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Divided Past, « Shared Future »? Political integration of immigrant origin populations in Northern Ireland: the case of citizenship acquisition

Sarah Toucas
Sciences Po Paris
Sarah Toucas
Sciences Po Paris
Open Panel

Abstract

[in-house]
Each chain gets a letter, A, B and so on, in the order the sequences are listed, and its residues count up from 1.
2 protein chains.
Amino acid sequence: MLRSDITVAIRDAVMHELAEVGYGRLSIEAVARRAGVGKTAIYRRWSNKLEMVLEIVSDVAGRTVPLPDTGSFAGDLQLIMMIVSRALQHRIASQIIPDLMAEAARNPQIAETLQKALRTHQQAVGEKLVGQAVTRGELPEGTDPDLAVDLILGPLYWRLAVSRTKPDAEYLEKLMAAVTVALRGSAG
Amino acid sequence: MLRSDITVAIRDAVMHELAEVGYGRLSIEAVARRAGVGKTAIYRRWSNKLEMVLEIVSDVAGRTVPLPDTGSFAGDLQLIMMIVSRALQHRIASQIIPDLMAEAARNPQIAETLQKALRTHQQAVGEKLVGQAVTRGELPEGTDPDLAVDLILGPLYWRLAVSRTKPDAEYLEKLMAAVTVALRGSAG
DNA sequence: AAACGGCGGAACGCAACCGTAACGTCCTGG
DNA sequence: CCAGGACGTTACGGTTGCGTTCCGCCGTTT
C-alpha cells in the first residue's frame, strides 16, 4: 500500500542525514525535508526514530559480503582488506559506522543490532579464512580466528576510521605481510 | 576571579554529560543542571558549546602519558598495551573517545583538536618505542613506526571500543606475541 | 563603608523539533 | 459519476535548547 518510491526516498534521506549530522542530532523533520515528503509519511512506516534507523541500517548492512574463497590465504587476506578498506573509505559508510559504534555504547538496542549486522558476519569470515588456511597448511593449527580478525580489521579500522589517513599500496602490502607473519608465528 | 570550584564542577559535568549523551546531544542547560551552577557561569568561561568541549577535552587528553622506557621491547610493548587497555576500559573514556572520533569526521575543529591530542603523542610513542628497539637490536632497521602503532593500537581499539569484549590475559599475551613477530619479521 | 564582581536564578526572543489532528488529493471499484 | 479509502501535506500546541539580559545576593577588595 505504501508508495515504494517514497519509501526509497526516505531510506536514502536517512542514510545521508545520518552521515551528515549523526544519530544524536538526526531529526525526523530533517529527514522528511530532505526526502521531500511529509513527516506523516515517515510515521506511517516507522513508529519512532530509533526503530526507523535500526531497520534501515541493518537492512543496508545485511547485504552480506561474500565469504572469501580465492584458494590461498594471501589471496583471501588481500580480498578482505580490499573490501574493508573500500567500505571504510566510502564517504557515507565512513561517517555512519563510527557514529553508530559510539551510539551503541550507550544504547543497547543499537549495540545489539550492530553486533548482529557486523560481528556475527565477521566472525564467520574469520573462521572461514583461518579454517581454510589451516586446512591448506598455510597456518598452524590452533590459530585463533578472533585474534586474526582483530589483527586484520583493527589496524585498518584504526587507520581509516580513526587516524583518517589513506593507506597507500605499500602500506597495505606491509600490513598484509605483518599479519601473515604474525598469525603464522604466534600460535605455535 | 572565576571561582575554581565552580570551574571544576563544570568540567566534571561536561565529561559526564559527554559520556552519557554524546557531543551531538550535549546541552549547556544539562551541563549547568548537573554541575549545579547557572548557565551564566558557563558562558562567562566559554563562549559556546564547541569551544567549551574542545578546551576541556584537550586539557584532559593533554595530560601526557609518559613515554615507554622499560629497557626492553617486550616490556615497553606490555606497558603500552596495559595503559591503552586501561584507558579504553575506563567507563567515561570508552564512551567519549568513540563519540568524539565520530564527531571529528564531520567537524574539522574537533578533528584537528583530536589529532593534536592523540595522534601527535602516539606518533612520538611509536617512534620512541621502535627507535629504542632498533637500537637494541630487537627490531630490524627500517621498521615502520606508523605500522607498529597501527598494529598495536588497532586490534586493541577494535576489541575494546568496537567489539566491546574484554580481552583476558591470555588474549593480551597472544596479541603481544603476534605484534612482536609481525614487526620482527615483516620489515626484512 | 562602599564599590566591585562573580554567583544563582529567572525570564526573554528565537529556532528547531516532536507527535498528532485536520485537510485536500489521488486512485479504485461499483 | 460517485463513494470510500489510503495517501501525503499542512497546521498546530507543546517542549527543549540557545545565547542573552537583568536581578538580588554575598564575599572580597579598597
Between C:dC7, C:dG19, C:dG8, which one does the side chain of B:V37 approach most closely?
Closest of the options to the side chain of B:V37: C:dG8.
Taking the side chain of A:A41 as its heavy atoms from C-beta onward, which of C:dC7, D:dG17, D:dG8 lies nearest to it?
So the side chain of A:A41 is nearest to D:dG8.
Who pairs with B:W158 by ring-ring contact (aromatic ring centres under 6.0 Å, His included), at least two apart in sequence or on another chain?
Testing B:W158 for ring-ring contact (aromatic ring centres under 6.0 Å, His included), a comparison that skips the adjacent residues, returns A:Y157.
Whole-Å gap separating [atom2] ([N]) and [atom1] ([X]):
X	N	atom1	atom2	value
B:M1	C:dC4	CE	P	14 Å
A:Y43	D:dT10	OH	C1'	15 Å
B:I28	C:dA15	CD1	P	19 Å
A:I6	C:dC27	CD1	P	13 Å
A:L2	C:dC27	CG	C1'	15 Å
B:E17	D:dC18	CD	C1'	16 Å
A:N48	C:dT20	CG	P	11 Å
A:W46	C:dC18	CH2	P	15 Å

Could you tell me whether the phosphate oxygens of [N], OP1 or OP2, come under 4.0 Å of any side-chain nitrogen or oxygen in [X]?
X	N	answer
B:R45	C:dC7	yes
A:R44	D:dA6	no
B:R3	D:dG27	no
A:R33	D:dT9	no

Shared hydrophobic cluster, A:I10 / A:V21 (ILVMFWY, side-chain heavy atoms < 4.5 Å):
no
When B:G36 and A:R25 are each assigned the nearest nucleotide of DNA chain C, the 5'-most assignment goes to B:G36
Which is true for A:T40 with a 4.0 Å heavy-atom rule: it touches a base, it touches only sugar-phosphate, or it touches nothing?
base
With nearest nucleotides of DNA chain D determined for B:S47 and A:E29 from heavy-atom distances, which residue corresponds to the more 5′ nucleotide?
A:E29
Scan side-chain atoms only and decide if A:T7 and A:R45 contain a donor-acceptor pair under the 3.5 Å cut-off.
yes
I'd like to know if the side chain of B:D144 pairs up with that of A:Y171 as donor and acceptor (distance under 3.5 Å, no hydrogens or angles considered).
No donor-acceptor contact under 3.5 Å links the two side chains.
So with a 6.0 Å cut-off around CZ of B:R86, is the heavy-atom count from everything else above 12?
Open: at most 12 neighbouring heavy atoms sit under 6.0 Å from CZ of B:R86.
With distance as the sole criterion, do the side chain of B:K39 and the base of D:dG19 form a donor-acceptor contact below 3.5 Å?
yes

This paper asks how political belonging of immigrant origin minorities is shaped in the Northern Irish bi-communal society, where constitutional matters are part of daily politics and the everyday life. In particular, it focuses on the decision to apply (or rather not to apply) for citizenship, be it British or Irish citizenship, and on the factors influencing this decision. From 2001 to 2008, migration to Northern Ireland increased significantly and over a very short period of time. Whilst ethnic minorities used to remain in the background, immigration and integration are now slowly being accepted as important features of the society. Since the beginning of the 1990s, equal access to rights for the members of the two “traditional” communities has been an absolute pre-requisite for the implementation of the peace process in Northern Ireland. The majority within Northern Irish society still is and sees itself as being divided into two main communities: a Protestant-Unionist (and Loyalist) community and a Catholic-Nationalist (and Republican) community. Whilst the former is supportive of the current arrangement (i.e., NI being part of the UK), the latter would tend to hope for a united Ireland. The current political system is based on devolution and power sharing. The arrangements for voting in the Assembly elected after the Good Friday Agreement (1998) established that “each political party must designate itself as either nationalist or unionist and no vote can be passed by the Assembly unless a majority of each ‘camp’ is in agreement” (McVeigh and Rolston, 2007, p.10). Divisions are also part of the everyday life. Belfast (our case study) is a segregated city, and “mixing” between the two communities still is an issue. Under specific conditions, NI-born individuals and spouses of Irish citizens can choose between Irish and/or British citizenship. Findings for this paper are informed by available official quantitative data as well as semi-direct interviews conducted in Belfast with both long-term EU migrants who came to NI between 2001 and 2007 and well-established minority ethnic communities whose older members lived through the Troubles (and have, like the rest of the society, been subjected to the “chill factor”).